Sony to Stick to Non-Unified Online Strategy[ps3]
Numerous sources are reporting on a story in the latest issue of Official PlayStation Magazine, revealing that Sony will be sticking to its guns and not providing a central online service for its next-generation PlayStation 3 console. The strategy is the same that it employed with the PS2, which required each publisher to set up its own online account system. Sony cited freedom for developers and publishers as a significant reason for the renewed decision. This is, of course, a markedly different approach than that taken by Microsoft with its much-lauded Xbox Live service, about to go into its second incarnation with the launch of Xbox 360. Nintendo, too, will be providing a central online gaming service with its Nintendo Wi-Fi Connection, a service which launches November 14 for Nintendo DS and at a later date for Nintendo Revolution.
The news comes as little surprise, as Sony officials have over the last several months suggested on multiple occasions they would choose to pursue a similar route to that of PS2.
Sony has reason to believe its online strategy is worth keeping; PS2's online services had more registered users than Xbox Live did in this generation. However, this is largely due to the PS2's overwhelming higher install base than either of its two competitors. Proportionally speaking, Xbox had a better overall online adoption percentage, with estimates suggesting that about 10% of Xbox owners played on Xbox Live. It is also worth noting that Sony's online option is free at the basic level, allowing publishers to set their own charges if desired, whereas Xbox Live charges a monthly fee.
In any case, each of the three companies is taking a very different approach to online in the next generation: Sony, with a completely unregulated system, Microsoft, with a paid and heavily regulated system, and Nintendo, with a free and regulated system.
DS to Train Your Brain, Nintendo to Make Games[ds]
For those of you hoping to finally see what all the fuss is about regarding Nintendo's Brain Training (DS) software, which owned the sales charts for months in Japan and along with Nintendogs (DS) helped the sales of Nintendo's portable greatly, you're in luck. Nintendo will be translating Brain Training as well as the followup Brain Flex (DS) will be localized for North America and Europe. The titles, particularly popular with adult users, contain a plethora of increasingly difficult mini-games designed to stimulate and "exercise" the mind. It appears people are quite into it.
There is currently no release date for the software.
Nintendo also updated its release list for the next several months to include dates for such titles as the real-time strategy/pinball/hamburger title Yoot Saito's Odama (GCN) (seriously, you guys have to see this), Metroid Prime: Hunters (DS), Super Princess Peach (DS), Tales of Phantasia (GBA), and True Swing Golf (DS).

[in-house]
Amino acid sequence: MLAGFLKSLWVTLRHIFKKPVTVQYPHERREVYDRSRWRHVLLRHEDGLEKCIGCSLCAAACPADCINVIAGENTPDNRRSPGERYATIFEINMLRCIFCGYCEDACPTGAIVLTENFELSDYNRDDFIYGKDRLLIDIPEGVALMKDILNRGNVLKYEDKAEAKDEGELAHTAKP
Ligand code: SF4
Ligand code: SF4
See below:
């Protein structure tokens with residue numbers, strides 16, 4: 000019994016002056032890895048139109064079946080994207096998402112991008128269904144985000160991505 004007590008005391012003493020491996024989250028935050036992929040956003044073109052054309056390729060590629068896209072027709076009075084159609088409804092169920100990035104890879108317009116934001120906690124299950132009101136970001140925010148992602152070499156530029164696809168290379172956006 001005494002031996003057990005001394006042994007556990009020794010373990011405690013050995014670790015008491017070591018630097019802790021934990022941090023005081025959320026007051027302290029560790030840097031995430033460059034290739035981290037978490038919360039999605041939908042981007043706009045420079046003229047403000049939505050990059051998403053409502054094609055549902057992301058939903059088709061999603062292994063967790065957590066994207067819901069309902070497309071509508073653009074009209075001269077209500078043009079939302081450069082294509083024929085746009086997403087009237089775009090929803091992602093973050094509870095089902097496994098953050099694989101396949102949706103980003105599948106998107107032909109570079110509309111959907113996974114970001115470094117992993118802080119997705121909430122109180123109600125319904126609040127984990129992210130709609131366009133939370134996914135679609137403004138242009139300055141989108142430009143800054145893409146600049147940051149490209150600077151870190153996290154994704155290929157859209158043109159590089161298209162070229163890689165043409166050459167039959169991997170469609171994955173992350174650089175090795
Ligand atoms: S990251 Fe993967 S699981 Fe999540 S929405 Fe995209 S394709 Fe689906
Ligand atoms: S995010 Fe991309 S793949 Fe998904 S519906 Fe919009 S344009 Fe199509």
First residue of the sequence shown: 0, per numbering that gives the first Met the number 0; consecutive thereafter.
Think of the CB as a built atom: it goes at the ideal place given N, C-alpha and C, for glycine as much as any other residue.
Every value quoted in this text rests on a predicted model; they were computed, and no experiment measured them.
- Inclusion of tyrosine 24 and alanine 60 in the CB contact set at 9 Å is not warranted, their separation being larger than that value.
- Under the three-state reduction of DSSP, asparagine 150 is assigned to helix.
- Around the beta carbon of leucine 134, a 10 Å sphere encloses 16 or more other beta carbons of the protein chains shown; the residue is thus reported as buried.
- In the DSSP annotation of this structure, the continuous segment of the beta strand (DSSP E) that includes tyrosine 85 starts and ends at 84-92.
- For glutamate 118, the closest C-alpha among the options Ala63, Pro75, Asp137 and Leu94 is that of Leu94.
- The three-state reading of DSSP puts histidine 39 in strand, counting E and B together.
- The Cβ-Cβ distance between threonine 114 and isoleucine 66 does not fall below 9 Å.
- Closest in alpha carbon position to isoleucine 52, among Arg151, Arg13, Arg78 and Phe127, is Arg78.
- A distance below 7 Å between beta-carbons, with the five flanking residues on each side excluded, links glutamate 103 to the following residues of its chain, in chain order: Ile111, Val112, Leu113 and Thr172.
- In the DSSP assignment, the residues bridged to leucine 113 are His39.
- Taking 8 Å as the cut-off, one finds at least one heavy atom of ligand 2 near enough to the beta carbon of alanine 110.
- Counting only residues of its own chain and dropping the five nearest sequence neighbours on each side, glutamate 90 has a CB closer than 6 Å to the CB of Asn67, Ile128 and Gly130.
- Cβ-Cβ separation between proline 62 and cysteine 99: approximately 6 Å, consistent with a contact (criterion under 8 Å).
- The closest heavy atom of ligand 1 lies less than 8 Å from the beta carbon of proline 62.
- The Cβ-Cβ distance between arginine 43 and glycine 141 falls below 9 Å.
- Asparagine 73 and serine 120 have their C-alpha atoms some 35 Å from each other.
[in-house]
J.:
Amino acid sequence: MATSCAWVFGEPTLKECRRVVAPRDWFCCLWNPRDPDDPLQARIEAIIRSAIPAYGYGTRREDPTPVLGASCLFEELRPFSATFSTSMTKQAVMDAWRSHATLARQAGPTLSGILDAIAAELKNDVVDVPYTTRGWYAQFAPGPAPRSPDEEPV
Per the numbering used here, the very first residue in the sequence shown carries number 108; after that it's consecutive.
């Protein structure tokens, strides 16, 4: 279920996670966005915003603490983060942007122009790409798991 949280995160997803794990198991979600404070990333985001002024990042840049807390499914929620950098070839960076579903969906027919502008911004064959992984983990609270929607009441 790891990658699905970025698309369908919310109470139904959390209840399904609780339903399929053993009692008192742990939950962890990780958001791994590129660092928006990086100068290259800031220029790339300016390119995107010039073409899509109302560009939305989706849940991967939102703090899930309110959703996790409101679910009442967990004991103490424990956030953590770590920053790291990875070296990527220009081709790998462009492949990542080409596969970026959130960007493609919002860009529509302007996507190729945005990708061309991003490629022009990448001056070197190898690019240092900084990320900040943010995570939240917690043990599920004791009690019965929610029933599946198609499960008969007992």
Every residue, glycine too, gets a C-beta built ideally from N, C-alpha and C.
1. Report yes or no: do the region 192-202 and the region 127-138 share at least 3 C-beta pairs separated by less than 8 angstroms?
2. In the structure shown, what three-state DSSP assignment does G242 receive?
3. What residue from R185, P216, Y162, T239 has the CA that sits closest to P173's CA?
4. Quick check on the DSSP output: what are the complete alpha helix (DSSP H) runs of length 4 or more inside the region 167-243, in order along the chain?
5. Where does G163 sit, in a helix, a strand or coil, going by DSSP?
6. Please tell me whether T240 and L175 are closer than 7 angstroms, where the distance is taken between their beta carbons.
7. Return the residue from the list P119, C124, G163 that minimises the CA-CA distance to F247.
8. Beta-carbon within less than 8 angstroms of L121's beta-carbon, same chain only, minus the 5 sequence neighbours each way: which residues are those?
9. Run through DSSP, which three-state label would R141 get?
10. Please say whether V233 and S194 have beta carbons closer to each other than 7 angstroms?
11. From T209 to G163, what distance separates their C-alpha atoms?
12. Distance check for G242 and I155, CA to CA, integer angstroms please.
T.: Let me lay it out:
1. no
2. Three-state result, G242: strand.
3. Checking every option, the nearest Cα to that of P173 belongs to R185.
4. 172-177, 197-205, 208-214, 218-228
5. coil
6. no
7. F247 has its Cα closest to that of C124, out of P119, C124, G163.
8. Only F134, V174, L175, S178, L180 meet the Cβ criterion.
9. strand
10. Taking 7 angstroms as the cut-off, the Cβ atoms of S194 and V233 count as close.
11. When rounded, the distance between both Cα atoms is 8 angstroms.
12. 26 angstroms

Famicom GBA Micro to Hit US[gba]
Nintendo's outspoken executive marketing VP Reggie Fils-Aimes confirmed today that the company will be bringing its Famicom-styled Game Boy Micro to the US (and, presumably, the rest of North America?) on November 28. The unit, which will be called the 20th Anniversary Edition Game Boy Micro, is by far and away the best-selling version of the console in Japan, accounting for fully 60% of Micro sales in that country when the machine launched in September.
The package will retail for $99.99, like its solid-color brethren, and will also include a $10 voucher towards the purchase of certain GBA titles.
Japanese Pop Star to Sing Dirge[ps2]
It seems that a Japanese pop singer known as Gackt (he claims his full name is Camui M. S. Gackt, and that he was born July 4, 1540, though we're not sure his bank would agree) will not only be performing a song in Square Enix's upcoming Dirge of Cerberus: Final Fantasy VII (PS2), he will actually appear in the game along with vampiric main character Vincent Valentine. The game is just one of several recently released or announced spin-offs of Square's classic Final Fantasy VII (PS1). This one takes place about a year after the events of the recently released in Japan CGI film Final Fantasy VII: Advent Children, and is apparently a gun-oriented action RPG, in keeping with its lead character. The scene featuring Mr. Valentine and Mr. Gackt will apparently combine live action footage with CGI.
Dirge of Cerberus is expected to ship some time in 2006.
IGN has a paraphrased interview from Japanese publication Dorimaga with Sega designer Yu Suzuki, head of the new AM Plus dev studio.
If there's anything that makes me want to buy a video game console, it's people jumping rope.
IGN checks out Media.Vision's Wild ARMs -- Alter Code F (PS2).
Movies: Dead or Alive 4 (X360).
IGN goes hands on with Nintendo's Mario Kart DS (and so do 1UP and GameSpot). GameSpy checks out Sonic Team's Sonic Rush (DS). IGN takes a look at Nintendo's Metroid Prime Hunters (DS) and Brain Flex (DS).
Screenshots: Animal Crossing: Wild World (DS). Viewtiful Joe: Double Trouble (DS). Resident Evil: Deadly Silence (DS). Tony Hawk's American Sk8land (DS, also GBA). True Swing Golf (DS). Electroplankton (DS). The Hustle: Detroid Streets (PSP).
Console Game Of The Evening [Submit Yours!]
Batman Returns for the SegaCD. "I loved the driving segments in this game. Very well done...shame about the rest of the game." (submitted by Silent Wolf)